Like many Canadians, and I expect most fellow members of the CIIA, I experienced a sense of national pride over our recent determined efforts to maintain a distinct approach to relations with Cuba. This is, after all, an old story that goes back 35 years, and it's reassuring to see us sticking to our guns.
After some reflection, however, I began to wonder whether or not national pride, tinged with emotion, blurred the picture. Certainly I had no second thoughts about our opposition to the Helms-Burton bill. Even though that kind of unilateral approach by the United States may be indicative of the new world of the single superpower, we should not hesitate to oppose it. Similarly, continued trade with Cuba made good sense - nothing new now dictated a change in our policy. When the political activity of the Cuban-American lobby was added to the pot, it raised serious questions about the credibility of United States policy on Cuba and how much attention it deserved.
The official visit to Cuba by Foreign Minister Lloyd Axworthy, however, was perhaps another story. In principle, there was no reason why the Minister should not visit Cuba whenever he liked. Still, though such a visit reflected our sovereign authority, the question of possible repercussions arose in my mind, and stuck there.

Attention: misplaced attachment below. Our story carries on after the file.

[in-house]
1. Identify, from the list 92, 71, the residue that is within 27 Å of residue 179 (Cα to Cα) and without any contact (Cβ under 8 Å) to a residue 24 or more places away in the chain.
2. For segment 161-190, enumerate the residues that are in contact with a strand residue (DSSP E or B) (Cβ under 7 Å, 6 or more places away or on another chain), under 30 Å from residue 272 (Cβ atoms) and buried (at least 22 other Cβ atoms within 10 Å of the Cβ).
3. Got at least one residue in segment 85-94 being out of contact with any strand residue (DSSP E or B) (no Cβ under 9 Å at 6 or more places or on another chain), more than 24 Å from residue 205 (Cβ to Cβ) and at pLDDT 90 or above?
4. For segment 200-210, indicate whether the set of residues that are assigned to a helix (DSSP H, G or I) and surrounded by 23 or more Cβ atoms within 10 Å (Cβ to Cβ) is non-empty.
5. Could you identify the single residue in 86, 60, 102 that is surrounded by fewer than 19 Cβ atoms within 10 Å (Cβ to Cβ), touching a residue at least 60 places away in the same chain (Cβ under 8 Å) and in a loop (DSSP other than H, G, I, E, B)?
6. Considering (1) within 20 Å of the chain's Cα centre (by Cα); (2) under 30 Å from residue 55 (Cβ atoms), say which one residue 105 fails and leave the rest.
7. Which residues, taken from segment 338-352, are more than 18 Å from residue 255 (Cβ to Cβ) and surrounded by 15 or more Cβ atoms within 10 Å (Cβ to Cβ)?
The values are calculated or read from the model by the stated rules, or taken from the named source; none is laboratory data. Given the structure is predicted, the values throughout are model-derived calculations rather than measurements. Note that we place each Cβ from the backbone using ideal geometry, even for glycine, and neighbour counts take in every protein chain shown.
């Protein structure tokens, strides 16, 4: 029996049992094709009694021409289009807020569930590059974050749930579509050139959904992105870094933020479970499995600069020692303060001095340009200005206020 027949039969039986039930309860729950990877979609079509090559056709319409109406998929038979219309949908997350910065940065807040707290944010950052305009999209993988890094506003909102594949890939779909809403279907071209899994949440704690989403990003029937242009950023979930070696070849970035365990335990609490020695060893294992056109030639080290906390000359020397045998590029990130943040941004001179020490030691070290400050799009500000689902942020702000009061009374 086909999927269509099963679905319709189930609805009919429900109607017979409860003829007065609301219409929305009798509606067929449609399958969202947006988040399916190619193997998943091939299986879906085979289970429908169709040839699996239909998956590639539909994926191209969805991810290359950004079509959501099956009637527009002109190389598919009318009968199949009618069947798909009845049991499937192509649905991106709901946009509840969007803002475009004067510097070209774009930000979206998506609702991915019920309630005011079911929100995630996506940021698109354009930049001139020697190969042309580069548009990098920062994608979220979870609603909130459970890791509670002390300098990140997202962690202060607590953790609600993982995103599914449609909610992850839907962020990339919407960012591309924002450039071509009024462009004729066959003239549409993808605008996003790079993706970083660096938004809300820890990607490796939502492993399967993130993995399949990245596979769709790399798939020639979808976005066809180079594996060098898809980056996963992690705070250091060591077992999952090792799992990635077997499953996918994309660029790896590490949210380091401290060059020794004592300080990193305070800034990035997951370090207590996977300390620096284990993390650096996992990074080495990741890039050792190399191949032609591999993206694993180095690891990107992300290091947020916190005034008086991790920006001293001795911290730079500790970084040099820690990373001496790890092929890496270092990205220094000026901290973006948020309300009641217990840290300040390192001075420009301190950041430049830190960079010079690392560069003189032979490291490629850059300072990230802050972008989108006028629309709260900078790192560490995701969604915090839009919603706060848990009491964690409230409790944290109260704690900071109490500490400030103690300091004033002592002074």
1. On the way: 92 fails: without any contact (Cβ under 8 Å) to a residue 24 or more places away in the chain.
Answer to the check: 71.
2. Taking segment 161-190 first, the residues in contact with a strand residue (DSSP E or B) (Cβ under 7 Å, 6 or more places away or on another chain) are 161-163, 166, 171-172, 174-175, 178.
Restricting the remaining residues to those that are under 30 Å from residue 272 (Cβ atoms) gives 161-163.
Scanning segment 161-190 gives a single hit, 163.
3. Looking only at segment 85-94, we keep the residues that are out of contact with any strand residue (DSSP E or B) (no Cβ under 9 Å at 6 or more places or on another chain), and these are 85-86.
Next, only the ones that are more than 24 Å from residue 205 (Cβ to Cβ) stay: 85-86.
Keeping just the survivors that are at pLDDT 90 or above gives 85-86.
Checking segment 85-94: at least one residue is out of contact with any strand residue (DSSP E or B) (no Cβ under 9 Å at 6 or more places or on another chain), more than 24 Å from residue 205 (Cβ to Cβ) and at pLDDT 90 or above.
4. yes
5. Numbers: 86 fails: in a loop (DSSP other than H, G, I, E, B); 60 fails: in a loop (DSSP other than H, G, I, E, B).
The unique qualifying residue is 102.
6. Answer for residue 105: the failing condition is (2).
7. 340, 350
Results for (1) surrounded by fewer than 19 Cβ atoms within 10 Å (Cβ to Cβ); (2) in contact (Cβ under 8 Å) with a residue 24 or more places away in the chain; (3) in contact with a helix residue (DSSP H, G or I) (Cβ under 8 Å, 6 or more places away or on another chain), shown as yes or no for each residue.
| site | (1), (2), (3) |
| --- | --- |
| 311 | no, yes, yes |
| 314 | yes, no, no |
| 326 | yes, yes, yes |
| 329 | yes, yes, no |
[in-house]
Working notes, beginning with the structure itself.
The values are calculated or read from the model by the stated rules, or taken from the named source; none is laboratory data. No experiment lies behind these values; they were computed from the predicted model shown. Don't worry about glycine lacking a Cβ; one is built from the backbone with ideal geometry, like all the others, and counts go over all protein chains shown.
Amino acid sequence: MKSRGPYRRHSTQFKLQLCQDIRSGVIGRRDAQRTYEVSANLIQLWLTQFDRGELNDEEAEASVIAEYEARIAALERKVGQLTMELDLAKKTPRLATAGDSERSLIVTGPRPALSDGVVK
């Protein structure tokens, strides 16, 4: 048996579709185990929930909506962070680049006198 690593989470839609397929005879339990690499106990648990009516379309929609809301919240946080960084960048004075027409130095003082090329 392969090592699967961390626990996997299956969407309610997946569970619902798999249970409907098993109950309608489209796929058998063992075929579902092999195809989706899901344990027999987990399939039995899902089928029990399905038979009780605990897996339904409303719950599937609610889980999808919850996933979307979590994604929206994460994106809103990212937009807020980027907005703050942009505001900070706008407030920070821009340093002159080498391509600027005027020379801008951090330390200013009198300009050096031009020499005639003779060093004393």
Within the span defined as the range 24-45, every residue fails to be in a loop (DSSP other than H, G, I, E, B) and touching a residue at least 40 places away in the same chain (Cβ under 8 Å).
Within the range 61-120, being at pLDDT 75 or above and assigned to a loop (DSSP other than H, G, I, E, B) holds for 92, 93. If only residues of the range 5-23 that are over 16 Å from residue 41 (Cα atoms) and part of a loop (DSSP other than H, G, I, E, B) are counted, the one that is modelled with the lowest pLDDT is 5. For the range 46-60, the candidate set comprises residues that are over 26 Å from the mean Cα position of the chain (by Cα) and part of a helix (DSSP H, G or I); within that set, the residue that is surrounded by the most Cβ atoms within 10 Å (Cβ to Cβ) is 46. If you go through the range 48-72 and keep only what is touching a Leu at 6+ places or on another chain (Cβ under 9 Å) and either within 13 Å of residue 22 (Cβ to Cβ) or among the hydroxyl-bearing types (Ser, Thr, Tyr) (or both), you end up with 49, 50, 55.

Canadians do not instinctively look at the world from the point of view of friends or enemies. Our approach reflects perhaps a classic posture for a country like Canada, which does not consider itself to be the repository of a `civilization.'
The United States, as a superpower, has always seemed to me to be very different from us in that respect. Our neighbours tend to draw up battle lines, and the world is divided into friends and enemies of the United States. While the friends list tends to come and go, those identified as enemies quickly become legendary figures. There have been several such `monsters' since World War II. Dominating the list are all the leaders of the Soviet Union until Mikhail Gorbachev, Ho Chi Minh, Mao Tse-Tsung (until President Richard Nixon visited China in 1971), Muammar Qadhafi, the Ayatollah Khomeini, Saddam Hussein, Yaser Arafat until recently, and, above all, Fidel Castro.
Those of us who remember the Cuban missile crisis will recall the proximity to war we sensed in 1962 as Castro began housing Soviet missiles in Cuba aimed at the United States - just ninety miles away. Added to the direct danger was the symbolic challenge to the most fundamental tenet of United States foreign policy over the centuries, the Monroe Doctrine. …